Another mistake that I commonly run into when reviewing HAZOP/LOPA studies (i.e., studies where the SIS is included as a protection as opposed to LOPA/SIL where the SIS is not considered an IPL so that its performance target can be determined) is the unrealistic use of the SIS in multiple protection layers. This is a clear violation of the “separation” criteria of a protection layer that often gets neglected due to inexperienced analysts focus on “sensors” instead of entire SIF. The best rule of thumb for including a SIS as an IPL in a LOPA is that the “SIS can only be used as a protection layer once per scenario”. Granted, the SIL target may be high (e.g., SIL 2 or SIL 3 – with corresponding failure probability of 1% and 0.1%), but credit can only be taken once.
Let me clarify this rule with an example of an analysis that was done very poorly, and the correct assessment of the situation. Consider the hazard of overfilling a compressor knockout drum with liquid which subsequently could be carried over into the machine causing damage to the machine and potential loss of containment through damaged seals. The assessment team, lead by an inexperienced facilitator with little understanding of how SIS worked listed the following IPL.
1. High Level Shutoff
2. High Vibration Shutoff
3. High/Low Motor Current Shutoff
4. and strangely, High Pressure Shutoff
Furthermore, the team stated that since the facility used a SIL 3 rated logic solver, all of these protection layers afforded three orders of magnitude of risk reduction, resulting in an overall protection level of 12 orders of magnitude of risk reduction.
Incredibly safe? Hardly. This analysis was a comedy of errors that I will now dissect. The first thing to note is the amateur description of the SIS IPL that only includes the sensor and not the action taken. This is usually a dead giveaway that the analysis was put together by a rookie who doesn’t understand the SIS IPL. While each one of these “protection layers” does indeed use a separate sensors, they all share the same logic solver (with the possible exception of the over/undercurrent trip) and all share the same final element, i.e., the compressor’s motor starter. In reality you don’t have four SIF’s, you have one SIF with four sensors (at least that is what the team alleges.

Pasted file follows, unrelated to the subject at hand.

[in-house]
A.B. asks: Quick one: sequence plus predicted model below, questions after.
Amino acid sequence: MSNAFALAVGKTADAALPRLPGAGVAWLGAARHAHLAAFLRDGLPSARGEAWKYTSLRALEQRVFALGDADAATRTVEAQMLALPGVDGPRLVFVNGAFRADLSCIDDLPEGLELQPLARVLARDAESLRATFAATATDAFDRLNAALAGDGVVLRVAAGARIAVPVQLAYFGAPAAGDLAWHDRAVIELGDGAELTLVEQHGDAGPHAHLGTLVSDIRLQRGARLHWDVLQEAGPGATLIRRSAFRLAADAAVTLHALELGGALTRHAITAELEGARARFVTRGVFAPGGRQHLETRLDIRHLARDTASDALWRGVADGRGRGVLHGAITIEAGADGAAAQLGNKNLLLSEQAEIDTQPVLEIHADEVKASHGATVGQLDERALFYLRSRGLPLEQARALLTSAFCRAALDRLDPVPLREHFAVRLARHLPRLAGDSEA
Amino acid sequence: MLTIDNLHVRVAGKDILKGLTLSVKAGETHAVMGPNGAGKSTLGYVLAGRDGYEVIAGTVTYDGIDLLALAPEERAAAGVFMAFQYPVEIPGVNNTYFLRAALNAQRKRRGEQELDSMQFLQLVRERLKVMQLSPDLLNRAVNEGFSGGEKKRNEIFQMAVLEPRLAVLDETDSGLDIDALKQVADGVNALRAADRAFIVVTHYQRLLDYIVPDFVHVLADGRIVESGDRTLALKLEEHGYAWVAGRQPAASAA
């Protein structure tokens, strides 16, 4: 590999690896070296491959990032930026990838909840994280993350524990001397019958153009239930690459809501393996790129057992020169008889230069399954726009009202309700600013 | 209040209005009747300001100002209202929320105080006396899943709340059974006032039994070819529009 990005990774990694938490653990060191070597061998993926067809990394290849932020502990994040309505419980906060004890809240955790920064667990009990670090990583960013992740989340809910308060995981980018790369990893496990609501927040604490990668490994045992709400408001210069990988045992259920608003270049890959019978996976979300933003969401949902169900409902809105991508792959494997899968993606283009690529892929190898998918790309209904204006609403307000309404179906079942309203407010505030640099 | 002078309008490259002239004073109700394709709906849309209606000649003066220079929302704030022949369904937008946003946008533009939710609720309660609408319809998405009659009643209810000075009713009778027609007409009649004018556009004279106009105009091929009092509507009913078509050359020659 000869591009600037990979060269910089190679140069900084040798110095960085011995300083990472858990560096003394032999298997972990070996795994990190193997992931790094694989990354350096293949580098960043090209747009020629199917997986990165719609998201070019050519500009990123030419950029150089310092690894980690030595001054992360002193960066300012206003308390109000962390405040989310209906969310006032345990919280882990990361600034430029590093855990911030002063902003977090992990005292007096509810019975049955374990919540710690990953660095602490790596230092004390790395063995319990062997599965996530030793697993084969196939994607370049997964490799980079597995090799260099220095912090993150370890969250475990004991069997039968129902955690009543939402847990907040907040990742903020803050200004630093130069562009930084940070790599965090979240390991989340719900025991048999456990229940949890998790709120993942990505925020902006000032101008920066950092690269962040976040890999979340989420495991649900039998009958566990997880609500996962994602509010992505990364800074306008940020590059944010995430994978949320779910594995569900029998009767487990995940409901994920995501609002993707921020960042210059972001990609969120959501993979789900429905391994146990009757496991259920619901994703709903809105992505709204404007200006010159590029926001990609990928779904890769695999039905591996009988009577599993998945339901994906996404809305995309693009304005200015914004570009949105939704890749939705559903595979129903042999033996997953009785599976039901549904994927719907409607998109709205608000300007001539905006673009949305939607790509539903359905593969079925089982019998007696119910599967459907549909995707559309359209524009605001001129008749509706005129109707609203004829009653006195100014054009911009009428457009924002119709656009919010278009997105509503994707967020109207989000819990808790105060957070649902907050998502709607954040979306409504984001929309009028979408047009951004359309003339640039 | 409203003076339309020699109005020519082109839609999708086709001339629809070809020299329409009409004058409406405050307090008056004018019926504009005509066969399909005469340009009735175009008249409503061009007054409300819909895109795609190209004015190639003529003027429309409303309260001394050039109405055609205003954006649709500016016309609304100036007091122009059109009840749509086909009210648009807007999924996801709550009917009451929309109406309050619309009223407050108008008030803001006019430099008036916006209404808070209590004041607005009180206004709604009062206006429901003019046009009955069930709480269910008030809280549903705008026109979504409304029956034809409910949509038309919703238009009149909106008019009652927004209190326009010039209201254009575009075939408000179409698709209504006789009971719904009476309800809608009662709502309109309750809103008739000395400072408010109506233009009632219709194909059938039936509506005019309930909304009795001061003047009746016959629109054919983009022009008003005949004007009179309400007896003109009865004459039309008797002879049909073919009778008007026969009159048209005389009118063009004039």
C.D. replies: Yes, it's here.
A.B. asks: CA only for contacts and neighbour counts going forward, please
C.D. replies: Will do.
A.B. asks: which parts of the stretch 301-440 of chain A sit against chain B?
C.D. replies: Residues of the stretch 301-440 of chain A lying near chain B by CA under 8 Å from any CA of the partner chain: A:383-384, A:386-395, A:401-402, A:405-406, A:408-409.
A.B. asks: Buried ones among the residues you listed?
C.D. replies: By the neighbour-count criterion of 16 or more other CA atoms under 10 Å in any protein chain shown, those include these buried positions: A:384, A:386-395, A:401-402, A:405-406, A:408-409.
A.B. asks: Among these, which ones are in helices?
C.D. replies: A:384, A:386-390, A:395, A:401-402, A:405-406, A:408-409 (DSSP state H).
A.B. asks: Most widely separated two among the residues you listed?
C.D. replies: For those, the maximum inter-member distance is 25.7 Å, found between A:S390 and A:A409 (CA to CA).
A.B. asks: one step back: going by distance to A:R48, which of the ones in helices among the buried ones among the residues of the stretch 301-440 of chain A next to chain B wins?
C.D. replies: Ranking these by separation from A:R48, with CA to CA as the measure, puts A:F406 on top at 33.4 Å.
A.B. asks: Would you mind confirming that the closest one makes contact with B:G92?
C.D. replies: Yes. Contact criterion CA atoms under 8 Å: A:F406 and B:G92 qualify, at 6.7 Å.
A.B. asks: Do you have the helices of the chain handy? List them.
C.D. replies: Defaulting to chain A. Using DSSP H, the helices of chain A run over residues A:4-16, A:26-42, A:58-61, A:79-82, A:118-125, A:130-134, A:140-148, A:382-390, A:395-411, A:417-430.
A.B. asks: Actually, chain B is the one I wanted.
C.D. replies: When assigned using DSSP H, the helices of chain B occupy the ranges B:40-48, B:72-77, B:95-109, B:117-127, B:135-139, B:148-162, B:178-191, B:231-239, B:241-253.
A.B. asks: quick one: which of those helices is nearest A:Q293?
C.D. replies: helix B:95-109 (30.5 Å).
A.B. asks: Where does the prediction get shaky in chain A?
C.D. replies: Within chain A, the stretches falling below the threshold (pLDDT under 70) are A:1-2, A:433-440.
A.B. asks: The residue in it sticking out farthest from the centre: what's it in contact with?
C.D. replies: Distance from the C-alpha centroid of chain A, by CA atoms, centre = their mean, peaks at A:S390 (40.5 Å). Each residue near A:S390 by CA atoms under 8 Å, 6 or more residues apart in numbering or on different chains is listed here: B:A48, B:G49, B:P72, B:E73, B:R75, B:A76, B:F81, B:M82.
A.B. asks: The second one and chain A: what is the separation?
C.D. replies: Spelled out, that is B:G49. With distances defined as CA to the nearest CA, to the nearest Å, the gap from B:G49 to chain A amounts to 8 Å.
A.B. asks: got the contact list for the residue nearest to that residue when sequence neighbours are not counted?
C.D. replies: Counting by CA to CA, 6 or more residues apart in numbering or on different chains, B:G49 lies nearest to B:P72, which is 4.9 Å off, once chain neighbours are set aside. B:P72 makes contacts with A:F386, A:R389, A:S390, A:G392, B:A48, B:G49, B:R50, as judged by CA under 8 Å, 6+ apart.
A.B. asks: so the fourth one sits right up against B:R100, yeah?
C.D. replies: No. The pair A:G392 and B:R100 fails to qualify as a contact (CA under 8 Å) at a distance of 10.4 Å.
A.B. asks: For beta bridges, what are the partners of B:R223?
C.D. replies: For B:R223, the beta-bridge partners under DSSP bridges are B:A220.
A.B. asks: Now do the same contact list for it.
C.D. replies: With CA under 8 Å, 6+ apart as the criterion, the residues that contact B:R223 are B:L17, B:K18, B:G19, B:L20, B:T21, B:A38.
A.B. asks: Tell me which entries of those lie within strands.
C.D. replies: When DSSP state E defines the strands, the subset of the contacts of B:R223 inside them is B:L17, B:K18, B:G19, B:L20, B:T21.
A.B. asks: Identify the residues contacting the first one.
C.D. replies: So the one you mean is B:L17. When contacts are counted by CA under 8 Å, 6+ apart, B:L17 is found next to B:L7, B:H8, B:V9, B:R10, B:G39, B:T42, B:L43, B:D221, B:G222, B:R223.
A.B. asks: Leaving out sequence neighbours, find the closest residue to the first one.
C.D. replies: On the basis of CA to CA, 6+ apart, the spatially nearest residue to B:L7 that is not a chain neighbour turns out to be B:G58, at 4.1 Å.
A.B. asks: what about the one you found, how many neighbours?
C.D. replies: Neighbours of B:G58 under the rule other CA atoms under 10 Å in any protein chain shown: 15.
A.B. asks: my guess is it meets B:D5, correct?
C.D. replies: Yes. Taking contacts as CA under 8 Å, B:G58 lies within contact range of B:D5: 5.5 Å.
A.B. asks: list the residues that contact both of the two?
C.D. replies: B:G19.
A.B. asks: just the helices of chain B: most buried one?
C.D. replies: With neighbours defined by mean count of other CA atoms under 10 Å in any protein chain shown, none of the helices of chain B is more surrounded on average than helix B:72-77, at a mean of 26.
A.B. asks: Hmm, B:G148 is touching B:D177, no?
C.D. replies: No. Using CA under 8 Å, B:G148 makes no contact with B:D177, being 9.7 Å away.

Furthermore, the “high pressure” SIF blatantly violates the “specificity” criteria of an IPL. You can’t argue that the high pressure shutdown in the separator vessel was “specifically designed” to detect an overfill condition. Even high current and vibration trips are of dubious credibility with respect to an overfill condition, but are still somewhat commonly used. In this scenario, the team theorized that if the separator drum were to overfill it would also result in a high pressure, which would be detected by the high pressure switch. This is in fact not true, in addition to being not “specific” and not “separate”.
Finally, while a SIL 3 logic solver may be a good thing, that doesn’t mean that every loop that goes through the logic solver is SIL 3. In fact, most of the failure probability is associated with field equipment, which in this case was blind switches – capable of achieving SIL 1, but not more.
Ultimately, all of the protection layers that were listed by the team fell very much short of reaching the purported 12 orders of magnitude of risk reduction. The most restrictive interpretation of an IPL would only allow credit for the high level SIF (the others are not really specific, and not really separate), which can only provide one order of magnitude of risk reduction. If you additionally took credit for the vibration and/or under/overcurrent sensing, these are not additional protection layers, but could be considered as additional sensors for the single SIF that protects the compressor. If these multiple sensors are considered as part of the SIF, then the SIF could likely achieve SIL 2, but no more.
The final result – not 12 orders of magnitude of risk reduction, but at most 2.